The City Attorney relies on Municipal Code Sec. 9.10.010 as authority for Ms. Langille's conduct. But this section merely states that "group functions are allowed upon written permission from the Park and Recreation Director." He seems to argue that, since the Director (Patty Gumenberg) has the authority to refuse permission for the Riverfest event, that vests her with unfettered discretion to do anything she wants with respect to the event. Not true. She is still governed by law.

A second problem with the City's position is that the regulation of speech must serve an important state interest. The City's stated position for requiring Mr. Lewin to pay $75.00 is to "ensure a well run and well managed event for the enjoyment and safety of the public." (Note to readers: When the government uses words like "welfare," "enjoyment," and "safety," it literally screams: PRETEXT!)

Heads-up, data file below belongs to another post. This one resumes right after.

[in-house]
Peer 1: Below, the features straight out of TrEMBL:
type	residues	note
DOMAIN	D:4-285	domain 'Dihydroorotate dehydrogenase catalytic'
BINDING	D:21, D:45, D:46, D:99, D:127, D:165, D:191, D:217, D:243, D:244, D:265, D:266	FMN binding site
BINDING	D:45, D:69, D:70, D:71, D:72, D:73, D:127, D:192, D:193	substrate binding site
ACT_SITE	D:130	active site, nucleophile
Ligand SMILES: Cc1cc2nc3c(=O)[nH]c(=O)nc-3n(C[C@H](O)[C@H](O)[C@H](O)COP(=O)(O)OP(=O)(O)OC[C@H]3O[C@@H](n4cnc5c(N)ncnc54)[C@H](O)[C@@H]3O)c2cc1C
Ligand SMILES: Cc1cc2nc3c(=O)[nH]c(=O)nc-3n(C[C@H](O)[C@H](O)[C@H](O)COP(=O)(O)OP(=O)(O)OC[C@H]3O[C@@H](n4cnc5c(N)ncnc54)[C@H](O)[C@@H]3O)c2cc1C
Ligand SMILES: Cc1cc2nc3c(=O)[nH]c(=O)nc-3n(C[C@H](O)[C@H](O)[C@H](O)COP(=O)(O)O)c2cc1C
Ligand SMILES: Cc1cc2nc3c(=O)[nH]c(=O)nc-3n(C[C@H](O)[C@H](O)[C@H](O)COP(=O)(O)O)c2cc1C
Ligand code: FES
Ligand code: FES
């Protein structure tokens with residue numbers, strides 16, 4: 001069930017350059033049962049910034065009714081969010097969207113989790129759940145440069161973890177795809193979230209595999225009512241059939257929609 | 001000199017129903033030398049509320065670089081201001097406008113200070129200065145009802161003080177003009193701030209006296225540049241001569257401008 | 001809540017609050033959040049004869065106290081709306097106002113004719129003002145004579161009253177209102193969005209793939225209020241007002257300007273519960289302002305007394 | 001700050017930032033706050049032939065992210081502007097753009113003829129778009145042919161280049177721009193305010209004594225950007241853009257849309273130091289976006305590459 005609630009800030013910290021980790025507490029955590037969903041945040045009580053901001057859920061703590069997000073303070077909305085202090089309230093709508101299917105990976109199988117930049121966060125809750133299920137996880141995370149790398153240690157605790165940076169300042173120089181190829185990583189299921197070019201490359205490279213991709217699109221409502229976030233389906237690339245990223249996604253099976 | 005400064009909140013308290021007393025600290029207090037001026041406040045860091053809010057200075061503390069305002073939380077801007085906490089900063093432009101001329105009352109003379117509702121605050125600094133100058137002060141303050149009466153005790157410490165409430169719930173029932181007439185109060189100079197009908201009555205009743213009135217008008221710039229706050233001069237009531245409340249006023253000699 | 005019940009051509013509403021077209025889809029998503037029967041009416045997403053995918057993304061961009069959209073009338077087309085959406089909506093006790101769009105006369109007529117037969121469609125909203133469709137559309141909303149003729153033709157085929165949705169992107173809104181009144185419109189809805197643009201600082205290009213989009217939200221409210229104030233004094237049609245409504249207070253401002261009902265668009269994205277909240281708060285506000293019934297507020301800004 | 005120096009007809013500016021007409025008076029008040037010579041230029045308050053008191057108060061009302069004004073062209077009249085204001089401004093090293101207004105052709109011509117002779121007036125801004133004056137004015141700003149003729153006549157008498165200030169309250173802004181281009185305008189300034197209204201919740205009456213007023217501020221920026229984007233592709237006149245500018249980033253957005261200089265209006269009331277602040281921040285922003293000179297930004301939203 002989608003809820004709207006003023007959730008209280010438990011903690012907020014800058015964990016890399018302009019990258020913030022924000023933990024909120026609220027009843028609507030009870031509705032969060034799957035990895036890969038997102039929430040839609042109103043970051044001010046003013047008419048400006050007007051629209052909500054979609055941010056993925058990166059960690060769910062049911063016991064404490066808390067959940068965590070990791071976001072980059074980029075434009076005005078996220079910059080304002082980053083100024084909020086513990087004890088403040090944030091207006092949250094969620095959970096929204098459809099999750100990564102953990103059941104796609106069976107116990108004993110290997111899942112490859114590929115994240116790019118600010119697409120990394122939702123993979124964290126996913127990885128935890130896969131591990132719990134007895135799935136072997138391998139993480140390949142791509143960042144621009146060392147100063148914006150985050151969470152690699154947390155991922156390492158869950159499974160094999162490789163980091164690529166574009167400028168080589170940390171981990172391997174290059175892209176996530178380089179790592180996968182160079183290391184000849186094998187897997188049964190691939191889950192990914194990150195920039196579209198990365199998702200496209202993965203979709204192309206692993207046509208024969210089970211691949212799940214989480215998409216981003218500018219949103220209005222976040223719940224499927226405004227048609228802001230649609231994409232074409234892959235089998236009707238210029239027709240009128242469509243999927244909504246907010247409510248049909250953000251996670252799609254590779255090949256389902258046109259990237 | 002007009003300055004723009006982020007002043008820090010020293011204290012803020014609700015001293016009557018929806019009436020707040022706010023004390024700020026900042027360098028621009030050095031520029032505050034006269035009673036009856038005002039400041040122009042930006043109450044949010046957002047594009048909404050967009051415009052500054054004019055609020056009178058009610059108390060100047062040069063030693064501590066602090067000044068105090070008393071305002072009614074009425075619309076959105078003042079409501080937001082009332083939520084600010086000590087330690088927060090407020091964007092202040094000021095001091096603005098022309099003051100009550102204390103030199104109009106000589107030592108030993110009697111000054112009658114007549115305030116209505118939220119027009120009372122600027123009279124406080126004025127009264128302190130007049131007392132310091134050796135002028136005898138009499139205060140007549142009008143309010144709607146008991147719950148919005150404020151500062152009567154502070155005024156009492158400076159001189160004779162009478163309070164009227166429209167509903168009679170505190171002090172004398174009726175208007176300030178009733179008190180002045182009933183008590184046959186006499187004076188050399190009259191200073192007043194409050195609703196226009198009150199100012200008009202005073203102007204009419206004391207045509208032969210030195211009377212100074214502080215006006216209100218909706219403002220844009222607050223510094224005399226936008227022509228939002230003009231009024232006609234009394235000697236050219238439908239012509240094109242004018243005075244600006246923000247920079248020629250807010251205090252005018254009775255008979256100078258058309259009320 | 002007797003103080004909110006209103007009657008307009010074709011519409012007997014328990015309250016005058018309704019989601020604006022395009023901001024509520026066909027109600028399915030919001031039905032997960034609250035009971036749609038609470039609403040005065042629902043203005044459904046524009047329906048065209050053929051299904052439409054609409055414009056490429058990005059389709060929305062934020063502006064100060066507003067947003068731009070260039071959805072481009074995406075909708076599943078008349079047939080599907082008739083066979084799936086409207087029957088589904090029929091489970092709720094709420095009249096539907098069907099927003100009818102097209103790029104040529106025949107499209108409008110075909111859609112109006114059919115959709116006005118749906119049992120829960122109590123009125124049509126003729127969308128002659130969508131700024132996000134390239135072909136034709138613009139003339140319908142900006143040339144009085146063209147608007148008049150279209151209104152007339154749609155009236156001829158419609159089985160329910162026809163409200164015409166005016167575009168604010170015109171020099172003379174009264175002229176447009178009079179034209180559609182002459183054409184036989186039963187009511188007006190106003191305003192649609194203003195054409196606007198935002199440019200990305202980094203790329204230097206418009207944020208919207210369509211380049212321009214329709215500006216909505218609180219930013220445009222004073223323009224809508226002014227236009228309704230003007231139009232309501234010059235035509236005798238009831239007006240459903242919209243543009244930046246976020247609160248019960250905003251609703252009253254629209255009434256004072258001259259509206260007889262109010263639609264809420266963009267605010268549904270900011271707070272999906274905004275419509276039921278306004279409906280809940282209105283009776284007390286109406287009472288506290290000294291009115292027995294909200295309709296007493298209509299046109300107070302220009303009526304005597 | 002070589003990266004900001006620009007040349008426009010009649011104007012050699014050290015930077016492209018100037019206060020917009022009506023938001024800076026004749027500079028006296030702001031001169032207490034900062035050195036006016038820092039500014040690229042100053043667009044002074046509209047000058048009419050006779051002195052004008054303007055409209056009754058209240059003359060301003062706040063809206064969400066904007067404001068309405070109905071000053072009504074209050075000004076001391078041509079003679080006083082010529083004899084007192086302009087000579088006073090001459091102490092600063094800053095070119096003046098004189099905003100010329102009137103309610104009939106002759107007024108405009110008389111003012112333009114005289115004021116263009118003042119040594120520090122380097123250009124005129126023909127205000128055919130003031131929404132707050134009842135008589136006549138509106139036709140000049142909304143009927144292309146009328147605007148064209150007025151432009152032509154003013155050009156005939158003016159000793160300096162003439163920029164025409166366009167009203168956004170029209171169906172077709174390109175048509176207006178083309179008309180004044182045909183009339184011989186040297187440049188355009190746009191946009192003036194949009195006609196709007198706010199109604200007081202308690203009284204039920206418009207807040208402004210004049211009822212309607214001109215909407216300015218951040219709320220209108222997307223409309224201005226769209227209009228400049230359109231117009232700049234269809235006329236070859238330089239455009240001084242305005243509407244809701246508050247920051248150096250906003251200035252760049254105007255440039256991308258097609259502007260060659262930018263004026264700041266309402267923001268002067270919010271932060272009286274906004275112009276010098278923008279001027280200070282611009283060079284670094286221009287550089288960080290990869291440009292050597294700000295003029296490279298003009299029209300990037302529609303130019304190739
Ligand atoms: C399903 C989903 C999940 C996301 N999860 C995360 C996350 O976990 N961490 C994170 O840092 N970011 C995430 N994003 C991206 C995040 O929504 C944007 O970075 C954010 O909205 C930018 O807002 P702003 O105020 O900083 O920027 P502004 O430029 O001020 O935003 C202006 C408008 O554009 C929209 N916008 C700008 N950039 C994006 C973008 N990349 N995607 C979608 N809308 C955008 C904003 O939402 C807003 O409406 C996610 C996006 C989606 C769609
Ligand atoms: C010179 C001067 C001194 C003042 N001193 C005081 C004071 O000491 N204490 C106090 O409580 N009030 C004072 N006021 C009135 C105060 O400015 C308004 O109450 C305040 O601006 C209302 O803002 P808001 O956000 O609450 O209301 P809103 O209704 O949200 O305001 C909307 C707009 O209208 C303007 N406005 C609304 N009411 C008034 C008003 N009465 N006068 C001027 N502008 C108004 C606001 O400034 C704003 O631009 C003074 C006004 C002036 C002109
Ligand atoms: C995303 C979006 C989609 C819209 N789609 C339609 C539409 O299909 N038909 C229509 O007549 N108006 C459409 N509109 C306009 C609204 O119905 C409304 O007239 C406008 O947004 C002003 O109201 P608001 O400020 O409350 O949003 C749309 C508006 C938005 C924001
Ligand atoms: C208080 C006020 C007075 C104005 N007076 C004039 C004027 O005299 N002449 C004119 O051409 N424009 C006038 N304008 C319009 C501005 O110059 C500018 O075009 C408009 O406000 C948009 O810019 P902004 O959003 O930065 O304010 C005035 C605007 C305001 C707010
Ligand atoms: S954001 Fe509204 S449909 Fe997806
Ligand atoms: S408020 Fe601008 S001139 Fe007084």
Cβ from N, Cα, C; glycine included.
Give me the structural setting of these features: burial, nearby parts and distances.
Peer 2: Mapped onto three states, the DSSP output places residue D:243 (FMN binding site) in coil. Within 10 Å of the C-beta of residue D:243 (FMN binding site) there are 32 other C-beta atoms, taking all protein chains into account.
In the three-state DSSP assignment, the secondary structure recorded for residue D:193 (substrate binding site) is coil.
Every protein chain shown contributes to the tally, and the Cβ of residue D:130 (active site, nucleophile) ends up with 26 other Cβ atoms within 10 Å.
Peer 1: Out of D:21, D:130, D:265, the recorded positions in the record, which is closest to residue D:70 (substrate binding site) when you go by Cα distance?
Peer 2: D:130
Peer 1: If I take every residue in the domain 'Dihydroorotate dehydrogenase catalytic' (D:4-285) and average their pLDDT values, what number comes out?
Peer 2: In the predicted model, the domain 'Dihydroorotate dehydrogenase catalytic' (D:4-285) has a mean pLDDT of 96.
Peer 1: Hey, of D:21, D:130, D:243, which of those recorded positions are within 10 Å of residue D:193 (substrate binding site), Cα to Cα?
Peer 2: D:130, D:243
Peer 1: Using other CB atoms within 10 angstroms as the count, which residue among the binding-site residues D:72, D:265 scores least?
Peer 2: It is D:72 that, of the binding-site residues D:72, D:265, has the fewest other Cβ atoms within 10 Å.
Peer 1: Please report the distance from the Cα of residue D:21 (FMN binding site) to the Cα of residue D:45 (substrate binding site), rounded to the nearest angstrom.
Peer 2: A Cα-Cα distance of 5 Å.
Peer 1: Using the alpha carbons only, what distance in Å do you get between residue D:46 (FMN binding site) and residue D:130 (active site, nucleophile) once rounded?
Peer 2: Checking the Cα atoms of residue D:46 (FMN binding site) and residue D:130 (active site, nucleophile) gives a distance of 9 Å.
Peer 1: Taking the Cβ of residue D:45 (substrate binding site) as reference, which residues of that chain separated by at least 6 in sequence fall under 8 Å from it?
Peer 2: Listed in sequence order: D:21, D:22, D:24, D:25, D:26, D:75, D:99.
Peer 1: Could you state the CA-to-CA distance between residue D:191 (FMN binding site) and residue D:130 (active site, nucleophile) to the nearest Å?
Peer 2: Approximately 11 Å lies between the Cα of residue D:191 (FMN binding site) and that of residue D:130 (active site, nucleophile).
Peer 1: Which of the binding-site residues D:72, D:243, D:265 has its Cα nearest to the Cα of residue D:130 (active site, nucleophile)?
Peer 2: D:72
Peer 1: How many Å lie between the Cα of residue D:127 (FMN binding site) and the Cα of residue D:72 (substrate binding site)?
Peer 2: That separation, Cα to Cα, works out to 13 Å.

Nowhere, though, does our City Attorney explain how it is somehow safer for Mr. Lewin to pay $75.00 and stay in one spot than it is for him to stay in one spot for free. And how can one suggest that it is safer to move through the crowd for free than to stay in one spot? In fact, the main case relied on by the City, Heffron, supra, comes to the exact opposite conclusion. In Heffron the Krishnas wanted to move about the fair and the officials said they had to stay in place. In other words, the officials there reached the exact opposite conclusion as ours concerning "safety" and "welfare."